Many people question how something can be “free” and still be able to make money change hands. The vendors understand. Getting more Linux systems out there means selling more computers, more hard disks, more ethernet cards, more communications boards and more consulting. For comparison, look at your CD collection. For most of us, the cost of the CD player is insignificant in comparison to the cost of the CDs we have purchased. Linux is like the CD player and will encourage people to buy what they need to support it.
Besides making money, Linux can offer better alternatives for the end user. For example, I did some consulting a few years ago for a small business. They needed a multi-user system with a database, word processing and some document layout software. And they had a small budget. The solution they got was a single 386-based system with a fewterminals running SCO Xenix, troff and a database. Today they need to add more horsepower and would like to network an MS-DOS based system to what they have.
The upgrade path for them is to purchase more computers, more copies of Xenix (or Unix), TCP/IP communications software, Network File System software and some Ethernet boards to connect everything together. In other words, spend more money than they did initially to add the functions they need.
If their system was based on Linux they would already have TCP/IP and NFS as it comes with Linux. And Linux is not licensed on a per system basisso they wouldn't need to purchase more licenses. Thus, for the cost of the computers and Ethernet boards they could expand their network. They could probably get the system they need for not much more than the cost of the system they had to settle for.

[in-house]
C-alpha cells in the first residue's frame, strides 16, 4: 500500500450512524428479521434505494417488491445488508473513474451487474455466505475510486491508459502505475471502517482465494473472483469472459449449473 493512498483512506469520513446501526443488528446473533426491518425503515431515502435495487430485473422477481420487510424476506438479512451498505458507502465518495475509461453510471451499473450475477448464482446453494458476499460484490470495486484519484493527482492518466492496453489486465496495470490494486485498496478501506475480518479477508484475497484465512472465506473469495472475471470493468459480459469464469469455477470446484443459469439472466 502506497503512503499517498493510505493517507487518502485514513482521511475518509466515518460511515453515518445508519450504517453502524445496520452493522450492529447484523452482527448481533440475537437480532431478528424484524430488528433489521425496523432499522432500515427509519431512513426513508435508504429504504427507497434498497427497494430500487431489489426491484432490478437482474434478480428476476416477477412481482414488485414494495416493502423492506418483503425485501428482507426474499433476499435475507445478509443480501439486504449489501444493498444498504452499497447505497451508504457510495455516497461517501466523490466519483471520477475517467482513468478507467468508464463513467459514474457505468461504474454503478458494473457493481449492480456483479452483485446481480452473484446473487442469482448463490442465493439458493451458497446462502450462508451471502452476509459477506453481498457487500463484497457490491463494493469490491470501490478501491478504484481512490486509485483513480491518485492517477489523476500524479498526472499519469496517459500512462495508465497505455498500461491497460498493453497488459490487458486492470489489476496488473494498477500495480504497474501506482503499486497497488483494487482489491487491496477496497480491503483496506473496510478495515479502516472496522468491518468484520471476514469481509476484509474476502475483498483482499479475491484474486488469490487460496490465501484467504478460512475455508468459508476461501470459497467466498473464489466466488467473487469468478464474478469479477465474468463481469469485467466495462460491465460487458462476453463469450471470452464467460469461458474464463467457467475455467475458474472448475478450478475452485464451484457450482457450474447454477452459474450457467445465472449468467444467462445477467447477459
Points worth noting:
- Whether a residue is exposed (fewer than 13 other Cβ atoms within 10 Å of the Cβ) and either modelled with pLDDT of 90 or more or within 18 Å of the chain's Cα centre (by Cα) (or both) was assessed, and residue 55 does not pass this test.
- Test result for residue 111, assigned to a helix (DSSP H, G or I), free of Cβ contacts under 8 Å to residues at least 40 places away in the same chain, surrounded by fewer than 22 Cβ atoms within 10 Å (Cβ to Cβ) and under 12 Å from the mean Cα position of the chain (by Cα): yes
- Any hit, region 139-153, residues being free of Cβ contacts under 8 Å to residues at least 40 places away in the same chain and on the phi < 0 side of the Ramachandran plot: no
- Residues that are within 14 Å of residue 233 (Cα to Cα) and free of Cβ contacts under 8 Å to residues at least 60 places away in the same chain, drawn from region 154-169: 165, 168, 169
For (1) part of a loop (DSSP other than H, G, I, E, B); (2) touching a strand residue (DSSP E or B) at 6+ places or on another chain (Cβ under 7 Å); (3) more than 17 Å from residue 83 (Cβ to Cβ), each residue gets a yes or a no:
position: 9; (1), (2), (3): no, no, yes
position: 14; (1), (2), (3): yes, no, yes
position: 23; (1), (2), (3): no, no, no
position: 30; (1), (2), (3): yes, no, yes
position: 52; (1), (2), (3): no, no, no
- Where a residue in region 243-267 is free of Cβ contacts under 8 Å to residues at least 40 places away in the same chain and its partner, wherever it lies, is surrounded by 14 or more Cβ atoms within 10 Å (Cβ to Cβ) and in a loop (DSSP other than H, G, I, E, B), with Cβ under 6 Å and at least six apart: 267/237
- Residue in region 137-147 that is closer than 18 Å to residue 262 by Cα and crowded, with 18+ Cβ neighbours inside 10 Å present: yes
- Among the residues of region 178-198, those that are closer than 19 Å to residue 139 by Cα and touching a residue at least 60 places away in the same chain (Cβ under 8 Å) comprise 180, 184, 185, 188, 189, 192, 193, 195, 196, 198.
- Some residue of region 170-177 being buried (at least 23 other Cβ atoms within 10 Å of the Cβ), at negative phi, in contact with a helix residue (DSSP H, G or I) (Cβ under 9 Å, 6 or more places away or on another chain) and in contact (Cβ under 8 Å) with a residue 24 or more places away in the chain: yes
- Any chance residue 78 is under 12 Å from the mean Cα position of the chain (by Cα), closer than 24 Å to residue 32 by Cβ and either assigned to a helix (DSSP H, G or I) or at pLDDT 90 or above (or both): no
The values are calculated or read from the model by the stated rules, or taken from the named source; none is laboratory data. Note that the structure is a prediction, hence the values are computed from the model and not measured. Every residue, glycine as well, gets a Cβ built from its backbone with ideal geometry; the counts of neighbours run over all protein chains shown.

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Until recently, IBM’s Power Platform was looked upon as being the system that hosted IBM’s flavor of UNIX and proprietary operating system called IBM i. These servers often are found in medium-size businesses running ERP, CRM and financials for on-premise customers. By enabling the Power platform to run the Linux OS, IBM now has positioned Power to be the platform of choice for those already running Linux that are facing scalability issues, especially customers looking at analytics, big data or cloud computing.
￼Running Linux on IBM’s Power hardware offers some obvious benefits, including improved processing speed and memory bandwidth, inherent security, and simpler deployment and management. But if you look beyond the impressive architecture, you’ll also find an open ecosystem that has given rise to a strong, innovative community, as well as an inventory of system and network management applications that really help leverage the benefits offered by running Linux on Power.Get the Guide